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Returf your lawn or repair it? We’ll help you decide.
Your old lawn might be looking dull and tired. It could be time to think about returfing? Or maybe you could save it by overseeding?
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If you shudder whenever you look at your lawn, maybe it’s time to start afresh? Sure, you can scarify, lime, fertilise, and overseed – but has your lawn’s disrepair gone too far? Is it time to returf your lawn? Or is it salvageable?
Perhaps you’ve attempted to fix some of your lawn problems, and you’re still unsatisfied with the results?
There are two main options: returfing or re-seeding. Returfing is quite a considerable task, and it might not be necessary. With the right know-how, you may be able to save your lawn without a large-scale renovation.
This article will help you decide if it’s time to returf or whether your lawn issues are surmountable, with advice on how you might help your exhausted lawn recover and replenish.
Ready? Let’s go!
What is the current state of your lawn?
The warning signs for a poorly nourished, at-risk lawn are:
- Uneven growth
- Bald patches
- An infestation of moss and weeds
- Pale yellowish/brownish colour
- Dying grass plants
If your lawn shows one or more signs of ill-health, it’s not necessarily a tear-up-and-start-again situation. It could be that your grass is crying out for some much-needed nourishment, so a good-quality lawn feed could be all you need.
If your grass is full of moss and weeds, you could try dethatching – using a rake or a scarifying machine to remove the moss and weeds that are suffocating your grass plants. Initially, your lawn will look even worse after scarifying – but if you promptly overseed, it will bounce back in a couple of weeks; more vigorous, more robust, and more beautiful.
Returf your lawn when there’s more weed than grass
Your lawn may be thin and prone to disease – in this case, your lawn is likely to have more weeds than grass.
This is common when you move home: perhaps the previous tenants haven’t loved and nurtured the lawn.
In this case, you could apply weed killer to clear the lawn area altogether. Poorly maintained lawns are often very mossy, so use a good-quality moss killer, such as MOOWY’s Moss Killer and fertiliser. With a high percentage of iron, which kills moss, our moss killer will also boost the colour and vigour of your existing grass plants.
Once you’ve cleared the weeds
Once you’ve cleared the weeds, you can make a decision about renovating or returfing.
You might think that killing the weeds and moss is a waste of time if you’re going to returf, but that couldn’t be any further from the truth. It’s essential to prepare the ground before you returf, getting rid of anything you don’t want to grow back.
Preparing the ground is essential for an effective turfing project. Ensure that the earth is clear of stones and debris, free of weeds and moss, with a level surface.
Check out our extensive article about levelling your soil in preparation for returfing.
When should you returf your lawn?
Returfing is usually the more expensive option, but you do get an instant lawn. However, avoid walking on newly laid turf for at least three weeks to help it establish.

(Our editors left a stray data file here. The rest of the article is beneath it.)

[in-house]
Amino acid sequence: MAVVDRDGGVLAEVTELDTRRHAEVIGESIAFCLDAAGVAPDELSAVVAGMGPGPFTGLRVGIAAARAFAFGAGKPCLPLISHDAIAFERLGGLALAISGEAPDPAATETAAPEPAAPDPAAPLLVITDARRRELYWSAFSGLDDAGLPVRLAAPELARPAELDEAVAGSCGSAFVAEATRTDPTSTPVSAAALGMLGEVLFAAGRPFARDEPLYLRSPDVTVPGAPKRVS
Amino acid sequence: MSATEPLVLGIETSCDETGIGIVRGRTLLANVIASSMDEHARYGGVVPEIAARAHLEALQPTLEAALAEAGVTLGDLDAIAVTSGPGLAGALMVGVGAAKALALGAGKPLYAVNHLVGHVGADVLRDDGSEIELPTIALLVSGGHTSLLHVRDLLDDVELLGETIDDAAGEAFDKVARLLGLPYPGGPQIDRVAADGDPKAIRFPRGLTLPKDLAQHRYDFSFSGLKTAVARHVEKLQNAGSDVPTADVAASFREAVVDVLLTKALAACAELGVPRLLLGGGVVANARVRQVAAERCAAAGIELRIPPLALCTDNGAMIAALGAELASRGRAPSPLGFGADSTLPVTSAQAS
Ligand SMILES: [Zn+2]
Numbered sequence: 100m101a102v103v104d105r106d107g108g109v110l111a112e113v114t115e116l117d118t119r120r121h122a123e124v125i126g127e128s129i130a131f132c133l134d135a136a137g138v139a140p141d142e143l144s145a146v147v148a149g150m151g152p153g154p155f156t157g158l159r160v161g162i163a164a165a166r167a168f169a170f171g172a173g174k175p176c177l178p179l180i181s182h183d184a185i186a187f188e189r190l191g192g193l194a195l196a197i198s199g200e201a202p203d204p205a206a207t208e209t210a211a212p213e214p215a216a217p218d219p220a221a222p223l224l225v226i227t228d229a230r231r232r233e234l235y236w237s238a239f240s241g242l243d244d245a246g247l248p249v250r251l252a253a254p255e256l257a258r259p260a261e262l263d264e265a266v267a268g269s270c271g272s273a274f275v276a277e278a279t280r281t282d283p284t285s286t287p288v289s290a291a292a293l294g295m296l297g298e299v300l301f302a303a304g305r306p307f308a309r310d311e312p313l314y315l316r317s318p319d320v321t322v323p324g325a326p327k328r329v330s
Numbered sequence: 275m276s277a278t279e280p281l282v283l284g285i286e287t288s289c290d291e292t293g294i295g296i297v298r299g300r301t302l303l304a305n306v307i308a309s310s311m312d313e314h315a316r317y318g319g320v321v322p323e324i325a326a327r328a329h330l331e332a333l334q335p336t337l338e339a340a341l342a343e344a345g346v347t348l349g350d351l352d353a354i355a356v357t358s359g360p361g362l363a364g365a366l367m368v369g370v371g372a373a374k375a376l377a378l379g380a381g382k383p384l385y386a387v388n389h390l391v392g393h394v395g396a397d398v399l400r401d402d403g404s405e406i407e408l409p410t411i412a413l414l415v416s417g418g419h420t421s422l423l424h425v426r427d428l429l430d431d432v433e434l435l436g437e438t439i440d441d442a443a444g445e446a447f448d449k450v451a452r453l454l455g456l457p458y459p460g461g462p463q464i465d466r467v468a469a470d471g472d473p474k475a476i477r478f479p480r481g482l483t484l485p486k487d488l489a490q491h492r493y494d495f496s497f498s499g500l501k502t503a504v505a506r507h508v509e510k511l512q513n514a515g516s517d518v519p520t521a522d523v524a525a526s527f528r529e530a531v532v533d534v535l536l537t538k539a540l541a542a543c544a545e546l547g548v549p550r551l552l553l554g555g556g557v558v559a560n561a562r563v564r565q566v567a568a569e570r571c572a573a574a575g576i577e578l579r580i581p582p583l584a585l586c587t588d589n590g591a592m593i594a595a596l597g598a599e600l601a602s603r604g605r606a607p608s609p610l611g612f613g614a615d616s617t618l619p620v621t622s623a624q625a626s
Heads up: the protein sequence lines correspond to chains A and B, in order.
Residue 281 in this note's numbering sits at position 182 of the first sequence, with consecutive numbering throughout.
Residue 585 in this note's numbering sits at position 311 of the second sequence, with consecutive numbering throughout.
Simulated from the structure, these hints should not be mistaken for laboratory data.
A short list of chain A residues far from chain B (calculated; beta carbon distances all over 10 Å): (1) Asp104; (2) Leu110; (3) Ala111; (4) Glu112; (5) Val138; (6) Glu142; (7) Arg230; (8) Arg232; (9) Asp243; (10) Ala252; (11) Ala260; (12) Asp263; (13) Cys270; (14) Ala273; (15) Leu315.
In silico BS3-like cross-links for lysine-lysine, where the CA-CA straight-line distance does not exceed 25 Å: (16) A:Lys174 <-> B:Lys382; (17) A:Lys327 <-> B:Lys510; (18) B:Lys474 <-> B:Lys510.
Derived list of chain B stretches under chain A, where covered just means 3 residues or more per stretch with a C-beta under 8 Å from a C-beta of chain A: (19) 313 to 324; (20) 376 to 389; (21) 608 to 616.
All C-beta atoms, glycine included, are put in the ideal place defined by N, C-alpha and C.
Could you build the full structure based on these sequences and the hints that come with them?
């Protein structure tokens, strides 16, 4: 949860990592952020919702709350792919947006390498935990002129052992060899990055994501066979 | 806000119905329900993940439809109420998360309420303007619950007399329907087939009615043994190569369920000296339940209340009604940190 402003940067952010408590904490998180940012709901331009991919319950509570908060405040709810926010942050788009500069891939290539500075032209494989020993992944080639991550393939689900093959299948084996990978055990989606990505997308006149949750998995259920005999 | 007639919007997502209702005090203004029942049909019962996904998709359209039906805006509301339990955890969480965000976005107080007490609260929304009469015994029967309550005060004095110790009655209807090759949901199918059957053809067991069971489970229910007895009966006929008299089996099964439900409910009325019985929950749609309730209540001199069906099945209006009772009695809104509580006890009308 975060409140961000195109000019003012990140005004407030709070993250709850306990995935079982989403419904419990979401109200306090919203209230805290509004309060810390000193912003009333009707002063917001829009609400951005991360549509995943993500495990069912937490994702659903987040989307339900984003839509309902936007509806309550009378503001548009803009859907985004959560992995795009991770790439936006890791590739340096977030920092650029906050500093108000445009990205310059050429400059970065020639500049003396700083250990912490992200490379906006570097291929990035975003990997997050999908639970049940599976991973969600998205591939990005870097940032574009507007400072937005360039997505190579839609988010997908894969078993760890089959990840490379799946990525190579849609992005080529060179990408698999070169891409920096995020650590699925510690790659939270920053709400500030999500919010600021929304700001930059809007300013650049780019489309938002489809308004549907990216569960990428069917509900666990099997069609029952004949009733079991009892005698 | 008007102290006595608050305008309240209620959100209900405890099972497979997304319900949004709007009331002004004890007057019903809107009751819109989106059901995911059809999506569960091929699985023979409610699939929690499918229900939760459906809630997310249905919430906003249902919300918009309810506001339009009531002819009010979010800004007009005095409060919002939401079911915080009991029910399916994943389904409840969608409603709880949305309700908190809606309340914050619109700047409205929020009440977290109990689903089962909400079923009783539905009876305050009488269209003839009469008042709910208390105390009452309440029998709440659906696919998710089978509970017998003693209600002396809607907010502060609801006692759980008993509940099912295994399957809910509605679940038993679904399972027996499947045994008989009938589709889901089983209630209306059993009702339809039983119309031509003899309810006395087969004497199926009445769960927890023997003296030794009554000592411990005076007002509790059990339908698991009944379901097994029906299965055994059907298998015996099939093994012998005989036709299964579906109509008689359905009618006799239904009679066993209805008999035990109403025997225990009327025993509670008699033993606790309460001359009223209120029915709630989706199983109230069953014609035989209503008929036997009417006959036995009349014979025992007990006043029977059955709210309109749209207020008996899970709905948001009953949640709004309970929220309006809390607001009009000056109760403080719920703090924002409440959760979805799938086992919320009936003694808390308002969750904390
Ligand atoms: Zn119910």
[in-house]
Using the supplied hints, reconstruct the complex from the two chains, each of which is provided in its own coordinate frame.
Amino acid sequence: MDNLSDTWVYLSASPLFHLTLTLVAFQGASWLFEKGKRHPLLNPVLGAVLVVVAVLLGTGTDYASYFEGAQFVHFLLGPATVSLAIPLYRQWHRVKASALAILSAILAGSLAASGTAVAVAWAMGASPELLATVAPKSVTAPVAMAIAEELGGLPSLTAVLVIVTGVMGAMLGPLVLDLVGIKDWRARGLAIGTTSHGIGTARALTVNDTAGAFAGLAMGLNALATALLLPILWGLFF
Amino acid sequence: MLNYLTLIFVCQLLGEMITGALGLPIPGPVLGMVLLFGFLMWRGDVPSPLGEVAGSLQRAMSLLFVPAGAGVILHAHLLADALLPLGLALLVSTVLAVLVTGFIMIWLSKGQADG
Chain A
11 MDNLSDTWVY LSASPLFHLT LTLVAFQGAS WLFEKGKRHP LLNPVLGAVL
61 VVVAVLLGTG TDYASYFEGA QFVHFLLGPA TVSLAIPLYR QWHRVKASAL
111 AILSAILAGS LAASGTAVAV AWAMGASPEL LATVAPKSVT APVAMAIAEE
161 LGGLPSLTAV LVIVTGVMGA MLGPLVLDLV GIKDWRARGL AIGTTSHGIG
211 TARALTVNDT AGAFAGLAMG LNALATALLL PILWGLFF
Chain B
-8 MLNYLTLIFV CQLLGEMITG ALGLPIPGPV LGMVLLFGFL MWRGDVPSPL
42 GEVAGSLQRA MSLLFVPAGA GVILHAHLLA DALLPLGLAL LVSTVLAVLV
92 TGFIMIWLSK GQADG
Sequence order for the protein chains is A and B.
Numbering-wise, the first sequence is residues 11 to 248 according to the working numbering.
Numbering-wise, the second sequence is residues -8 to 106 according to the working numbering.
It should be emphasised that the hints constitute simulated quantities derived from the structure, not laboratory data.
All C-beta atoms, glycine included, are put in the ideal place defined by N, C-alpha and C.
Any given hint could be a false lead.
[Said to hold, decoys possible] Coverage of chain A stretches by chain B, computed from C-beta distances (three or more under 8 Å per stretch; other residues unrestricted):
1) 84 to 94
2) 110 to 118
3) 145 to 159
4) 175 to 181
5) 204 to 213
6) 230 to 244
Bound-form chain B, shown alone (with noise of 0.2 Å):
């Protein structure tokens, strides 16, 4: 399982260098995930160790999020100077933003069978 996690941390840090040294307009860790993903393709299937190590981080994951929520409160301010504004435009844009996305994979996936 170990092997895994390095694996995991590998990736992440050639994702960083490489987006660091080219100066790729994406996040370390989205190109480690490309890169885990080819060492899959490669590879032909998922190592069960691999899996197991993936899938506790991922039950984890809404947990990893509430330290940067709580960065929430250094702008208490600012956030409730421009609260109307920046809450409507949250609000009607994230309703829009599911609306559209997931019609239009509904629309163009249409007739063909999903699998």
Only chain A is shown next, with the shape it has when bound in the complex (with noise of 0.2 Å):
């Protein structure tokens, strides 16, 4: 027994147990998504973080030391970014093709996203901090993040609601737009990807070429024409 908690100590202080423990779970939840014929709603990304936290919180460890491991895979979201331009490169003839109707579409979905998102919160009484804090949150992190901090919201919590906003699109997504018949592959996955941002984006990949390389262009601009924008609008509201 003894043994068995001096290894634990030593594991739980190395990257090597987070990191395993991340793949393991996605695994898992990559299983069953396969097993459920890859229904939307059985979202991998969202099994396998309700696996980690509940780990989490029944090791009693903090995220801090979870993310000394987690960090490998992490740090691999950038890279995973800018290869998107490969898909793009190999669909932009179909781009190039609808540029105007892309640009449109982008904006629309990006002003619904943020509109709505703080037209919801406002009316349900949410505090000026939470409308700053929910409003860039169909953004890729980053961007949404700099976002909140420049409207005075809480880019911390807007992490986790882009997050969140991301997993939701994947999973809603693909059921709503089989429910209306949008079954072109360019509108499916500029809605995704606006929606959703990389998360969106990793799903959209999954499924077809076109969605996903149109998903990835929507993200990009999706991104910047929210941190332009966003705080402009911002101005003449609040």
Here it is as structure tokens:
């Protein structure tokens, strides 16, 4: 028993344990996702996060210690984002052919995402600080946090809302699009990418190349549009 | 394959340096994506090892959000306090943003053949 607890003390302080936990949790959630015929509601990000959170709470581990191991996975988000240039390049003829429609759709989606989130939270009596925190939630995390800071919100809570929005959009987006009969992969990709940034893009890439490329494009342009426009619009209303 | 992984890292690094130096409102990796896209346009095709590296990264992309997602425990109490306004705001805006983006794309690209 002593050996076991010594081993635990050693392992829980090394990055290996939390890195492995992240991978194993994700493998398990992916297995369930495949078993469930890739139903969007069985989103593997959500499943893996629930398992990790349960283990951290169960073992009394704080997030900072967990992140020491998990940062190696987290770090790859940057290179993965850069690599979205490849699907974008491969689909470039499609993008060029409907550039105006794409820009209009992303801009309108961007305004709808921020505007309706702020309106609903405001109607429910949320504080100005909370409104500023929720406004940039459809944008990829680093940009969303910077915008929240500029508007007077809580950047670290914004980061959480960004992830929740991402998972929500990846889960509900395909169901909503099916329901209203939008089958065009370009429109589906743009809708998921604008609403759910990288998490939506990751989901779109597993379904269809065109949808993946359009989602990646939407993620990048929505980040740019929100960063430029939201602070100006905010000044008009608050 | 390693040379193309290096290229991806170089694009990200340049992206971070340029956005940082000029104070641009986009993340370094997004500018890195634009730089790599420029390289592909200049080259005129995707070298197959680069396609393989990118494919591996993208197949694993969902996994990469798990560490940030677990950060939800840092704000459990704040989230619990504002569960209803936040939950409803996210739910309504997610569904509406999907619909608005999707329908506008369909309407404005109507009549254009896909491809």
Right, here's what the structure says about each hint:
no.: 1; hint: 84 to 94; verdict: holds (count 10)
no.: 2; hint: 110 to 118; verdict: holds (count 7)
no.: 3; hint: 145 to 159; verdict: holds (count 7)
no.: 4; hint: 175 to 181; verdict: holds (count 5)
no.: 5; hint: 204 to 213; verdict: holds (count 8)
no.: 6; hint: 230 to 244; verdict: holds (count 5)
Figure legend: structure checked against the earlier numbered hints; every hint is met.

Re-seeding or overseeding is a slower process, but it will cost you considerably less. You should see new growth within 10 days of sowing.
Just like turfing, you should give your grass plants time to establish. It takes around 6-8 weeks for your new grass plants to strengthen and settle in – they’re delicate at first and will quickly die if you stamp them down.
How to returf your lawn
Returfing your grass provides an instant makeover for your lawn. But it does come at a fairly considerable cost. Of course, it’s cheaper to lay it yourself, but if you’re hiring a professional, expect to pay an additional £100-£200 each day for their labour.
A roll of turf usually covers 1m², so it’s pretty easy to calculate how many rolls you’re going to need.
A single roll of turf generally costs around £3, up to £10+ depending on the quality and species of grass. Remember, buying cheap is often a false economy – don’t skimp on quality if you want a robust, long-living lawn.
To find out which grass type would best suit your garden, check out our expert article.
The costs of returfing your lawn
Here’s a guide to some approximate average costs:
|Garden size||Turf costs (per m²)||Quantity of topsoil/|
cost per bulk bag
|Labour costs (day rate)||Time required||Estimated cost|
|Small (up to 50m²)||£3 – £6.50||10 bulk bags (@ £90 per bag)||£100 – £200||2 days||£1250 – £1625|
|Medium (up to 75m²)||£2.60 – £5.50||15 bulk bags (@ £90 per bag)||£100 – £200||3 days||£1845 – £2362.50|
|Large (up to 125m²)||£2.60 – £5.50||25 bulk bags (@ £90 per bag)||£100 – £200||4 days||£2975 – £3737.50|
Generally speaking, the more turf you buy, the cheaper it gets, so this is just a rough guide. Of course, if you’re going to lay the turf yourself, you’ll make considerable savings on cost.
Returf your lawn yourself
If you’re doing laying your turf for yourself, this is the process to follow:
- Preparing the ground
- Laying your turf
It’s essential to prepare the ground before you lay your turf. This involves removing the old turf and any remaining debris, such as sticks and stones, and then levelling out the surface with topsoil.
Topsoil may seem like a significant expense, and it could be tempting to skip this step. But if your old lawn was suffering from poor growth, it could be due to compacted or depleted soil. And you don’t want to inherit old problems.
Of course, you can improve your soil with a good weed-free compost and high-quality fertilisers, but a good 15cm of topsoil will help your new turf lay strong roots, which you want for robust grass plants.